After 13 years as superintendent of schools in District 65, Hardy Murphy announced Monday that he has resigned to pursue consulting opportunities.
Murphy’s resignation went into effect three days ago on Friday, Aug. 9, according to a press release from the district. The school board has already begun searching for an interim superintendent to replace Murphy, and will begin the process of hiring a full-time replacement in fall 2014.
“The board would like to thank Dr. Murphy for his 13 years of distinguished service,” board president Tracy Quattrocki said in a statement. “We wish him well in future endeavors.”
Quattrocki said that the beginning of the academic year “is a difficult time of year for a major transition,” but added, “we believe the timing is best for Dr. Murphy given the opportunities he is considering.”
Speaking to staff members at a meeting Monday morning, Murphy said, "the board and I agreed this is the right time for me to leave," according to District 65 spokesperson Pat Markham.
In a prepared statement, he said the decision to leave would allow him to continue making a professional contribution to education while spending more time with his family. He also acknowledged changes coming for the district.
"The board is at the beginning stages for developing a new strategic plan," Murphy said in the statement.
Murphy told staff members he regretted the timing of the decision but expressed his confidence that the district's leadership team, teachers and other staff members would ensure a smooth start to the school year, according to Markham.
Patch left a message seeking further comment at Murphy's home on Monday morning.
Under Murphy's leadership, the school district developed its two-way immersion language program,
African-centered curriculum and alternatives to suspension among other initiatives, according to the release. The school district also saw growing enrollment during his tenure, and recently began a process to expanding and renovating some of its buildings.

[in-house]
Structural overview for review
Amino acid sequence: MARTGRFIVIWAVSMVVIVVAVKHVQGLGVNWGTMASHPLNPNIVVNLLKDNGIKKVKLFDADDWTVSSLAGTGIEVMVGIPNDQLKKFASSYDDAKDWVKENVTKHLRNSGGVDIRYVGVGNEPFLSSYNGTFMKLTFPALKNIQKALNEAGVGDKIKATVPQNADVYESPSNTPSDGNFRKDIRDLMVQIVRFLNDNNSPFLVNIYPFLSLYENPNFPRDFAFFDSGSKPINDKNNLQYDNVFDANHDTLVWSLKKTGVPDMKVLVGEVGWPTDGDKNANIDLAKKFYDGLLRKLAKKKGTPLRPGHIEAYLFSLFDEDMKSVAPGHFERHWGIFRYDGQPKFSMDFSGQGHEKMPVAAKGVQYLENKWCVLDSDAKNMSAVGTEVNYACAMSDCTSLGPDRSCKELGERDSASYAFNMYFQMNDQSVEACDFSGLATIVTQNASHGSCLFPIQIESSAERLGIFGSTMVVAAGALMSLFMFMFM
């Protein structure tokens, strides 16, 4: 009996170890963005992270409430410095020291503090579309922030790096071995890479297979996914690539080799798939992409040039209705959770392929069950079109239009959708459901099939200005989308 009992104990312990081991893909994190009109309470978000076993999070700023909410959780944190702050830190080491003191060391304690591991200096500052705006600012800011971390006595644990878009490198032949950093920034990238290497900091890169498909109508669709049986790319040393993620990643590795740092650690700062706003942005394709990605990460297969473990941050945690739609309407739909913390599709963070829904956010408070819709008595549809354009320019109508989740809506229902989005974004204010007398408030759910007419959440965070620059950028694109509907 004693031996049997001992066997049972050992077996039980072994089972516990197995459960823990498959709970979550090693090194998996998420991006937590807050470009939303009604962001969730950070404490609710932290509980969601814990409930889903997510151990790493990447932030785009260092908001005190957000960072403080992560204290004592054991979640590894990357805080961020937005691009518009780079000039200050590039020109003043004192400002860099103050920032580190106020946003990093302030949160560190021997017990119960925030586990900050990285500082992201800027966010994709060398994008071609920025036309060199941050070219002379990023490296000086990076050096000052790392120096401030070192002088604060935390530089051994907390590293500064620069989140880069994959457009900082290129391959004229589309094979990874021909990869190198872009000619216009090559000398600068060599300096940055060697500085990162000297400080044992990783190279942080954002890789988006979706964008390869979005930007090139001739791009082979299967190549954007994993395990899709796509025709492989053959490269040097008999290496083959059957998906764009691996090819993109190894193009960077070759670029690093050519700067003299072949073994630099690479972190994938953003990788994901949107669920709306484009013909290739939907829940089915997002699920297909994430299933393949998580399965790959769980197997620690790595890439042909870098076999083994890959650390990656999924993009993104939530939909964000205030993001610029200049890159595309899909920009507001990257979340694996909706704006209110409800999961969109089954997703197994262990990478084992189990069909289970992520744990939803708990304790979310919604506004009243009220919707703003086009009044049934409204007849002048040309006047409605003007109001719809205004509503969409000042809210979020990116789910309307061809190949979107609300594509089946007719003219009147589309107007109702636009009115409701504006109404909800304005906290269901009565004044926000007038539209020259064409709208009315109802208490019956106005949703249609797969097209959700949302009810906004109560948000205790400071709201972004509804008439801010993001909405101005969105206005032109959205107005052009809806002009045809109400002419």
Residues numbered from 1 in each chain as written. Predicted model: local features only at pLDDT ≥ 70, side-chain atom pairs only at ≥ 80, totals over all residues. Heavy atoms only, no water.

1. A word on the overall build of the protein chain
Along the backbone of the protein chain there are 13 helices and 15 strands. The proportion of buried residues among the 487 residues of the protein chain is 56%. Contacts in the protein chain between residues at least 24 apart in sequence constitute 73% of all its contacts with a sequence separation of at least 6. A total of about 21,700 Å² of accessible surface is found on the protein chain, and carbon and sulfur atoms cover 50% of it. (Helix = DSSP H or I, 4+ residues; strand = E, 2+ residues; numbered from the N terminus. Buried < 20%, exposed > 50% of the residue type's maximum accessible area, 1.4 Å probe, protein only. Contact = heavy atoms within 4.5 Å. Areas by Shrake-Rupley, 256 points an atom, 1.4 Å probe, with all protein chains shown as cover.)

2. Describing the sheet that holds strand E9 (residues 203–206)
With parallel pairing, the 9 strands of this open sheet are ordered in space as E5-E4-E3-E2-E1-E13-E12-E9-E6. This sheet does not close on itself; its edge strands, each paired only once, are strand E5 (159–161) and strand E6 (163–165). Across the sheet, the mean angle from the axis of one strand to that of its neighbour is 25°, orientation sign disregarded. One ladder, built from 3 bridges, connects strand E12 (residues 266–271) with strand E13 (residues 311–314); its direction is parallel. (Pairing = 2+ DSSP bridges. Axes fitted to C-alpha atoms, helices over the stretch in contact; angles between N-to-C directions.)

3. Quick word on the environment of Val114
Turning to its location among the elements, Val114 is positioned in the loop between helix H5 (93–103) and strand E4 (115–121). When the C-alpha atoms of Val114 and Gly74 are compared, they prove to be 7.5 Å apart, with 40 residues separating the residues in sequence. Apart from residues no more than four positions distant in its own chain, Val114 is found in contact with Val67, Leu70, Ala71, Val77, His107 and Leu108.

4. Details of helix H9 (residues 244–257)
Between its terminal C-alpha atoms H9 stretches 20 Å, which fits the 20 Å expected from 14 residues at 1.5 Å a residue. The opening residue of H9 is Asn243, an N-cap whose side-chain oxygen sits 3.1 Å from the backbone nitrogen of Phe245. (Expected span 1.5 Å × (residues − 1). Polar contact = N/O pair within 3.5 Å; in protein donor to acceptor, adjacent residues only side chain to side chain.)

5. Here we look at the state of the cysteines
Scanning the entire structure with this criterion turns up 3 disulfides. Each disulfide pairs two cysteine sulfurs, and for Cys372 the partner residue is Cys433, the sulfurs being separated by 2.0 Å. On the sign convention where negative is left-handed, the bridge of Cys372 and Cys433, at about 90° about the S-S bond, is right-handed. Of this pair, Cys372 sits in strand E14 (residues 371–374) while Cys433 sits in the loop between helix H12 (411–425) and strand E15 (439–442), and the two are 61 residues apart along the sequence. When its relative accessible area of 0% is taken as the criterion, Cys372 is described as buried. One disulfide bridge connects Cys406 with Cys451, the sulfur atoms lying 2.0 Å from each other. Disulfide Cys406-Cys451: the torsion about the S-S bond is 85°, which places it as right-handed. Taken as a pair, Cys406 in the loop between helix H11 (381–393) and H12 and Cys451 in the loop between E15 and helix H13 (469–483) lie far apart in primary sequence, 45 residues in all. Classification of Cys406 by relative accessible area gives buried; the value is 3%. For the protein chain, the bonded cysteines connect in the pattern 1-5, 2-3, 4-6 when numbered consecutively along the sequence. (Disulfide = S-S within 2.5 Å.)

Before coming to District 65 in 1999, Murphy spent 20 years working for the Fort Worth Independent School District, according to his profile on the district website.
Murphy said in the statement that during his time at District 65, he was most proud of “seeing the African American and Latino students...climb one rung of the achievement ladder, exceeding the average achievement for that of all students across the state of Illinois.”
He also said he was proud of the district's instructional improvement initiative, which began providing support services to students in the classroom rather than pulling them away from their peers. He also noted the district's inclusion of student growth measures in professional appraisals as one of his achievements.
"The district has been recognized for how we developed a professional appraisal system that included student learning and growth as measures of professional success and for the supports that teachers receive through continued professional development throughout the year," Murphy said in the statement.
The school board will begin planning the search process for a permanent superintendent in mid-September, and has already discussed best practices for the process with the Illinois Association of School Boards, according to the release.
“We know that the board represents all stakeholders in Evanston/Skokie School District 65, and we will work hard to ensure that the community will have ample opportunity to provide input into the process before a superintendent is hired to serve our district for the next generation of students,” Quattrocki said.
Editor's Note: This story has been updated to include a statement from Hardy Murphy.